The Gulf is of great strategic importance due to its energy resources and geographic location. Yet despite this, the history of the region’s international relations was neglected by academics for decades. Traditionally, Middle East studies have centered on the Arab-Israeli conflict or on the role of Islam. But with developments since the 1970s such as Iran’s 1979 revolution, the 1991 Gulf war and the 2003 invasion of Iraq, interest in the Gulf has increased.
This can be seen in the opening of research centers in Gulf countries in recent years. But this interest is mainly in the context of oil and security, preventing academics and experts from comprehensively understanding domestic and socio-political issues in the region. This reductionist view is not limited to Western scholars but also Turkish ones.
Those who claim to be Middle East or Gulf experts have a responsibility not to resort to conspiracy theories to explain developments, and to pay more attention to the region.
Until recent years, in Turkey one could not find a university thesis on the Gulf. The region is only discussed in Turkey when there are crises, high-level visits or major agreements signed. Despite developing relations between Turkey and the Gulf countries in recent years, the focus has been largely on oil and politics rather than the region’s dynamics.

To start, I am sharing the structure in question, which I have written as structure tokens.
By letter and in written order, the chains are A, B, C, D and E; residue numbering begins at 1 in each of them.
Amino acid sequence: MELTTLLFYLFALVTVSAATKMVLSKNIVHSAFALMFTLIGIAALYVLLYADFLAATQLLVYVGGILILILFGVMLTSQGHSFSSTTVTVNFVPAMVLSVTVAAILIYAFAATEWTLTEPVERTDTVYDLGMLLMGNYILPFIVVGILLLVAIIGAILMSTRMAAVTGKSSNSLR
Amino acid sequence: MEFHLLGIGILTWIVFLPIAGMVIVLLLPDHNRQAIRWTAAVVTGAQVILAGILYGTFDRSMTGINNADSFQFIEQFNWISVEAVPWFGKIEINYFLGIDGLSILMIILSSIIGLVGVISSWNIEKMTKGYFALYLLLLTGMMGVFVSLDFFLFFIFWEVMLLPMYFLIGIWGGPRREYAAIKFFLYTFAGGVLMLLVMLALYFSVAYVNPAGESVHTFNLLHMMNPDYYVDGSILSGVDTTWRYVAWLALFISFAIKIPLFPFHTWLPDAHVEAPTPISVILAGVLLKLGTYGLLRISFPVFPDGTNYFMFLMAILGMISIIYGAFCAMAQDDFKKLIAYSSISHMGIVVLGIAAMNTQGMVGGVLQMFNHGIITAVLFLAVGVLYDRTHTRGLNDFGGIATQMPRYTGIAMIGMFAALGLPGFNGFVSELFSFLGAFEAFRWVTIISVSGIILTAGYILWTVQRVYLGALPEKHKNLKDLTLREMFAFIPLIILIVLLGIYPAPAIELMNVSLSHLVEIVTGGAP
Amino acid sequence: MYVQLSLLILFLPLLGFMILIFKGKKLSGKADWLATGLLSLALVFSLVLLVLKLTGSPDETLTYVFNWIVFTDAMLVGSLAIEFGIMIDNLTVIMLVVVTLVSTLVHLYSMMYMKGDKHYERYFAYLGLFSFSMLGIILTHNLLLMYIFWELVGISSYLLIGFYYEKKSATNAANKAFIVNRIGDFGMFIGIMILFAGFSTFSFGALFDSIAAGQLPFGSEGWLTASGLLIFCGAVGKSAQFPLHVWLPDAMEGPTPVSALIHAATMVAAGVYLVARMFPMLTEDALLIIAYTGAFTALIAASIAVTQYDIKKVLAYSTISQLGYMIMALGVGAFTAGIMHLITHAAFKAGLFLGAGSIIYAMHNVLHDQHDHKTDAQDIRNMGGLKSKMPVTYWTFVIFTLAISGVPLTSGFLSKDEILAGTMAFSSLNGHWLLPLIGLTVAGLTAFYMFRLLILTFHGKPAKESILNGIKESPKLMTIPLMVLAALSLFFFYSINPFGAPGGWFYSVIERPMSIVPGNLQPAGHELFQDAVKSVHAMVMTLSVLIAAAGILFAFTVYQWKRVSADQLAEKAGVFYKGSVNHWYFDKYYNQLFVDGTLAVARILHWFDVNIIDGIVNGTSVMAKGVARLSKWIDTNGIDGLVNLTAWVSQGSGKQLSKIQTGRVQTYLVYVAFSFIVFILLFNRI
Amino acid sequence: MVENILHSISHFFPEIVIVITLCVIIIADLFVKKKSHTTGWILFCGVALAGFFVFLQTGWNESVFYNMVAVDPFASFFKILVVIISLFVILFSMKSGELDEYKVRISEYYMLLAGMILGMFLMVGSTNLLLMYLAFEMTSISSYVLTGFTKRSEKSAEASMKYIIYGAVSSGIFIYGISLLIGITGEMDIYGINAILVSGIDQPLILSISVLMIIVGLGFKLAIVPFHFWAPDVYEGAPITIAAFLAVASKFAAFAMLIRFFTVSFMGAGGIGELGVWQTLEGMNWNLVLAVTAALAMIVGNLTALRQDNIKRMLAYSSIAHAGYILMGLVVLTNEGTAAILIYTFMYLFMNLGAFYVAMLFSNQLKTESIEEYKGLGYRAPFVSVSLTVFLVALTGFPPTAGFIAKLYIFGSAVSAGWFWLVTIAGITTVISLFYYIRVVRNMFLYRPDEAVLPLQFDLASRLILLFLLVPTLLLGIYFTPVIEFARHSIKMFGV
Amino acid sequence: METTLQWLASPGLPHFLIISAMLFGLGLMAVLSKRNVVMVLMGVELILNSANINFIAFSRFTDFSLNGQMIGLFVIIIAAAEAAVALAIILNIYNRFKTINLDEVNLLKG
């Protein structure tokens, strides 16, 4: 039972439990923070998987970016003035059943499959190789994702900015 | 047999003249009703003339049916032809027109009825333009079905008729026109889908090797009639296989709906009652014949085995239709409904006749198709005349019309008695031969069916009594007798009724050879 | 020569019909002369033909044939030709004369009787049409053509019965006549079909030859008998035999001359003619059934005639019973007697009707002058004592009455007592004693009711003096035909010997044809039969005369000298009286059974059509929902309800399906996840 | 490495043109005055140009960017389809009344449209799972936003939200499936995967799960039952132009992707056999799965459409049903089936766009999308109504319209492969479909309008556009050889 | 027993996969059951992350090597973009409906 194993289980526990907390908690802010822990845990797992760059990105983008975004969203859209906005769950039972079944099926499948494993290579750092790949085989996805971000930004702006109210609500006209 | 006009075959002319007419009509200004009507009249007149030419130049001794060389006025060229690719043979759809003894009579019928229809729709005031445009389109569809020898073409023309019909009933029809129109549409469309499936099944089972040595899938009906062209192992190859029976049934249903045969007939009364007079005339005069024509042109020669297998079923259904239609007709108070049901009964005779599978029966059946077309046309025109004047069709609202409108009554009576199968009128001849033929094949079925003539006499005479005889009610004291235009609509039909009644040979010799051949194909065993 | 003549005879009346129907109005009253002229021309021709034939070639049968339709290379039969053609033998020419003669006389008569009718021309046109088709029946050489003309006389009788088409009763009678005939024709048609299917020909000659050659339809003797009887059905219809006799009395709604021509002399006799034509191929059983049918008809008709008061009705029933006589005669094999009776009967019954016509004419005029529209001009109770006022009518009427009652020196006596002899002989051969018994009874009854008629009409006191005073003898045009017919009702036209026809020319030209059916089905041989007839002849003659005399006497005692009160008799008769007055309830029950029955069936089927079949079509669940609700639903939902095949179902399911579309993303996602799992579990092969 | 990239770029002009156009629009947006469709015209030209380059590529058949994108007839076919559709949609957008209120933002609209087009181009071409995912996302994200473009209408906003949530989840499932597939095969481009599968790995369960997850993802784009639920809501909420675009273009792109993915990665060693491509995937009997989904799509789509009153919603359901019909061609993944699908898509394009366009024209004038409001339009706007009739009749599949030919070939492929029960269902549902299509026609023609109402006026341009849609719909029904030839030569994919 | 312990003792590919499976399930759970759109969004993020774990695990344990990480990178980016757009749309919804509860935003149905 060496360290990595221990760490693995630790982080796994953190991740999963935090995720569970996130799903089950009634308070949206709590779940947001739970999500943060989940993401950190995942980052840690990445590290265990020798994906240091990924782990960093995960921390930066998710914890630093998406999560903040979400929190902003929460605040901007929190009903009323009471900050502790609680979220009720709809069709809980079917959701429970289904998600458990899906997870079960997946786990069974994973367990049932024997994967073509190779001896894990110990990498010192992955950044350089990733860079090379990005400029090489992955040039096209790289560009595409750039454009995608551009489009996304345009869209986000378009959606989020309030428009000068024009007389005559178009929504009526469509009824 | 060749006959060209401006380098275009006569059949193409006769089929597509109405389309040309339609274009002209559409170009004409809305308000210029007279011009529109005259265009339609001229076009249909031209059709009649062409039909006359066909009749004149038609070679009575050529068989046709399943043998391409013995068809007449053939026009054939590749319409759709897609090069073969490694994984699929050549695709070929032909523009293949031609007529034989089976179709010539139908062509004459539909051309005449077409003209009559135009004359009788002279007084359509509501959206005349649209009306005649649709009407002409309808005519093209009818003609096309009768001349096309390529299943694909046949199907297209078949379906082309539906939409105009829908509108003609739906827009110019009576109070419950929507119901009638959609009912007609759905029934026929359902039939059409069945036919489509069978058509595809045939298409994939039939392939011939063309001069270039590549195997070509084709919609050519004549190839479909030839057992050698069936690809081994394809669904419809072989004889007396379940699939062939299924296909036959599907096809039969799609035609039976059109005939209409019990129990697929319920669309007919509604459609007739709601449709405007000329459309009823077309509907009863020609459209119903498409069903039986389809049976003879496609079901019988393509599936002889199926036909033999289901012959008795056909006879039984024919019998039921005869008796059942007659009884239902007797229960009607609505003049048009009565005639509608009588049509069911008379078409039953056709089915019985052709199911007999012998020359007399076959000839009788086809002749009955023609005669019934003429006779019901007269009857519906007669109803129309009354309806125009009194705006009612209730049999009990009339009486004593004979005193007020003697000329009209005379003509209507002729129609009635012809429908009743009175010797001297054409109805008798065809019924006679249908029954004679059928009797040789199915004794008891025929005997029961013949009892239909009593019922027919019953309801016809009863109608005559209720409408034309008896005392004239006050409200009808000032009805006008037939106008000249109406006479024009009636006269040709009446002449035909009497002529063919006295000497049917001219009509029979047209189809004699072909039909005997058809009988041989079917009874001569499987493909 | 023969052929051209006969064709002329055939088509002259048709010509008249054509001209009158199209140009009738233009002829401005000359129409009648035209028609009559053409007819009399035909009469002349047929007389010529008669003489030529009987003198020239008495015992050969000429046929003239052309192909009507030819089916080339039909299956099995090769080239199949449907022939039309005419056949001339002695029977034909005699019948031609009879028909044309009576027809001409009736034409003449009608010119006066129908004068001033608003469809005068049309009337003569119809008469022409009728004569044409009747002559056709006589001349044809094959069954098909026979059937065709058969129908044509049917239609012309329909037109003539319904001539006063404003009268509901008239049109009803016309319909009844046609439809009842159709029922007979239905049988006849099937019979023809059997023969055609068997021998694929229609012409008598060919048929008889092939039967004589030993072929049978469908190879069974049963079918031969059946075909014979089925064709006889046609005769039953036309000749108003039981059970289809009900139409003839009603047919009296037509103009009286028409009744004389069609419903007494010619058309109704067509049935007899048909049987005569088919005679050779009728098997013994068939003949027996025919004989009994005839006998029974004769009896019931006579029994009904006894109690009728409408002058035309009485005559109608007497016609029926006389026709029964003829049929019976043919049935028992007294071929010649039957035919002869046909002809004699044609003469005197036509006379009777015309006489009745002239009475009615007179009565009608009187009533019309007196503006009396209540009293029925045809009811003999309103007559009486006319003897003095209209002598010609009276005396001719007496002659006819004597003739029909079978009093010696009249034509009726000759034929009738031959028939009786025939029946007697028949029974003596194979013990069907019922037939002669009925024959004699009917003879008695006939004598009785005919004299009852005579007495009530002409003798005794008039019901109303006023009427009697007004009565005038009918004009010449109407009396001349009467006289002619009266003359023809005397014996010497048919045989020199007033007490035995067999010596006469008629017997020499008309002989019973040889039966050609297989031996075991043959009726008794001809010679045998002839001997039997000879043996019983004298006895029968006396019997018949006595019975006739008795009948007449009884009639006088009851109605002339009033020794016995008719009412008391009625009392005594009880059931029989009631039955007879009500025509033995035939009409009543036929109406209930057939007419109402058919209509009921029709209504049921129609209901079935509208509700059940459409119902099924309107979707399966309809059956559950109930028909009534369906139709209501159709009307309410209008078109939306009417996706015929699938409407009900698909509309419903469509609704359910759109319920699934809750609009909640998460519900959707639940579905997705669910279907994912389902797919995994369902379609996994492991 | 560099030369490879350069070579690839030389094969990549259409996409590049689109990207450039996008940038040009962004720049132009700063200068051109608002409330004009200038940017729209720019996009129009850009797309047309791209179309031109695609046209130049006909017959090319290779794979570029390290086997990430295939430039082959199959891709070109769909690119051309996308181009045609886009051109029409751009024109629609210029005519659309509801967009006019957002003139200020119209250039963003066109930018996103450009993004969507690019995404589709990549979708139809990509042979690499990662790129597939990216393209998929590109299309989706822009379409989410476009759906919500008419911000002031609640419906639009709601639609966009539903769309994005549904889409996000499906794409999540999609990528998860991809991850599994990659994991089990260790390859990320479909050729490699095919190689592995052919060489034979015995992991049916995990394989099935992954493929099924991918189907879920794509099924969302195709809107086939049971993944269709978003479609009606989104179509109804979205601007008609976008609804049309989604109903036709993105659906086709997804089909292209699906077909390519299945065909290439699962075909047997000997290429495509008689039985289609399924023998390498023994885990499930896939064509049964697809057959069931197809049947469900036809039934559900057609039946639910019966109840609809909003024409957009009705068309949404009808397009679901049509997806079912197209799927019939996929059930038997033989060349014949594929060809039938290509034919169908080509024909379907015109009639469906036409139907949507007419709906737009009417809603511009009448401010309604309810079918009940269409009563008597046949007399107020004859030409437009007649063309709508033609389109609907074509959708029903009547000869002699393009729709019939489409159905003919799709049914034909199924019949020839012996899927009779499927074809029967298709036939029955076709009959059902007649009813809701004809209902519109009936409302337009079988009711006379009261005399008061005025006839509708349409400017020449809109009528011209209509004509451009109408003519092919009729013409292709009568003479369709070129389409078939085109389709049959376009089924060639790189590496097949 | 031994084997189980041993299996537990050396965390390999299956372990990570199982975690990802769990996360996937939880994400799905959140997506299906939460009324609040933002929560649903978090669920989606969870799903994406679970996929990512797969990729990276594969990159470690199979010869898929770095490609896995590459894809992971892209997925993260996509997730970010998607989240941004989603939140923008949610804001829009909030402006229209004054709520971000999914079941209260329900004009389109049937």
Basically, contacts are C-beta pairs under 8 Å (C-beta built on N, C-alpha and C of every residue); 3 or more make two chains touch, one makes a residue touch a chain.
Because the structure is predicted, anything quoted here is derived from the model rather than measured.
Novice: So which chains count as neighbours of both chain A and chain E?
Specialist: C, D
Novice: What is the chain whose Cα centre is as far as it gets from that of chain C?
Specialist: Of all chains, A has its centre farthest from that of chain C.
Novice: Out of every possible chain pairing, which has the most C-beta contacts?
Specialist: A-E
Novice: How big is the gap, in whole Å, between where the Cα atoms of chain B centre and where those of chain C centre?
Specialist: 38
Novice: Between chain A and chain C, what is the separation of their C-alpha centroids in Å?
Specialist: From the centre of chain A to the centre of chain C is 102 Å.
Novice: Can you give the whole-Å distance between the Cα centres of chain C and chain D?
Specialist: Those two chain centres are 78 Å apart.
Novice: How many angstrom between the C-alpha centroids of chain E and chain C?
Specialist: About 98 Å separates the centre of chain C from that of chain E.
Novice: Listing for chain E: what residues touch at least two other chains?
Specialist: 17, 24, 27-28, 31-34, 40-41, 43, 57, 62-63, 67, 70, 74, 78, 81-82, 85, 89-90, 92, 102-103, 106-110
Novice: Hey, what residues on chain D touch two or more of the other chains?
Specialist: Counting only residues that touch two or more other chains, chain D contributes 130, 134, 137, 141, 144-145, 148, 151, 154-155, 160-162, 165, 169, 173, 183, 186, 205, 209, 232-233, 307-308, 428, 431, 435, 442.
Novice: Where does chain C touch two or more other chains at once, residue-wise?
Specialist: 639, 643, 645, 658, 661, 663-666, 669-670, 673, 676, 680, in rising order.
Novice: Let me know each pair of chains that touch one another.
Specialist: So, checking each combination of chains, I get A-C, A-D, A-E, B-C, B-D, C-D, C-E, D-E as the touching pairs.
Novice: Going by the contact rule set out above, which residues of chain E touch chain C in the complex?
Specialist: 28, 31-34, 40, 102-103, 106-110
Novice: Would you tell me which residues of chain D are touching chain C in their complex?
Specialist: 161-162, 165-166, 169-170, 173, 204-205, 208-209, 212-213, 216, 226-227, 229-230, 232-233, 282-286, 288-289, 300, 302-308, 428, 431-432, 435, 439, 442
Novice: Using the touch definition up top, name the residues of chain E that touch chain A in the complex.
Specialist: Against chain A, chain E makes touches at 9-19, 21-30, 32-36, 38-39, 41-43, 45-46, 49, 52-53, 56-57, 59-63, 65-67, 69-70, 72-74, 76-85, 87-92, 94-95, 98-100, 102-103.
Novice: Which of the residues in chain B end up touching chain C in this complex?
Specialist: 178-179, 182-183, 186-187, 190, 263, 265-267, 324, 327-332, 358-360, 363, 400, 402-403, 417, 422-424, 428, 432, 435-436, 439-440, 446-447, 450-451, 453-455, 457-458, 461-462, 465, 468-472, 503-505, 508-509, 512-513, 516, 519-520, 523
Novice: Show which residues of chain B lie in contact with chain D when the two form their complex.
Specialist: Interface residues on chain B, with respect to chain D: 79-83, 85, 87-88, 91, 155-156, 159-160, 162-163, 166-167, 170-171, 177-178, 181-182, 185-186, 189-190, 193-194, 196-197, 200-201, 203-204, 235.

The current Gulf crisis is not related to oil or Qatar’s foreign relations, but to inter-Gulf relations, a historical dispute between the region’s countries and several other issues that do not take their rightful place in mainstream academia.
Knowledge of the region that involves sitting at a desk and relying on secondary sources will never work. One needs to use primary sources, conduct fieldwork and know the language. Sadly, Turkey has a poor record in this regard because it kept a distance from the region for decades and lacked sufficient knowledge of Arabic. As such, “experts” in Turkey do not see the full picture, which has led to a misunderstanding of the causes of the current crisis.
Having lived in the Gulf for 16 years and studied the region for nearly 10, I am familiar with the challenges involved. But lazy scholarship is one of the reasons why scholars did not see the current crisis coming. As a well-known Twitter user wrote: “The Gulf experts who didn’t see this coming are now explaining to you what it means.”
An urgent awakening is needed to solve the region’s problems and to understand it better. Those who claim to be Middle East or Gulf experts have a responsibility not to resort to conspiracy theories to explain developments, and to pay more attention to the region.
• Sinem Cengiz is a Turkish political analyst who specializes mainly in issues regarding Turkey’s relations with the Middle East. She can be reached on Twitter @SinemCngz.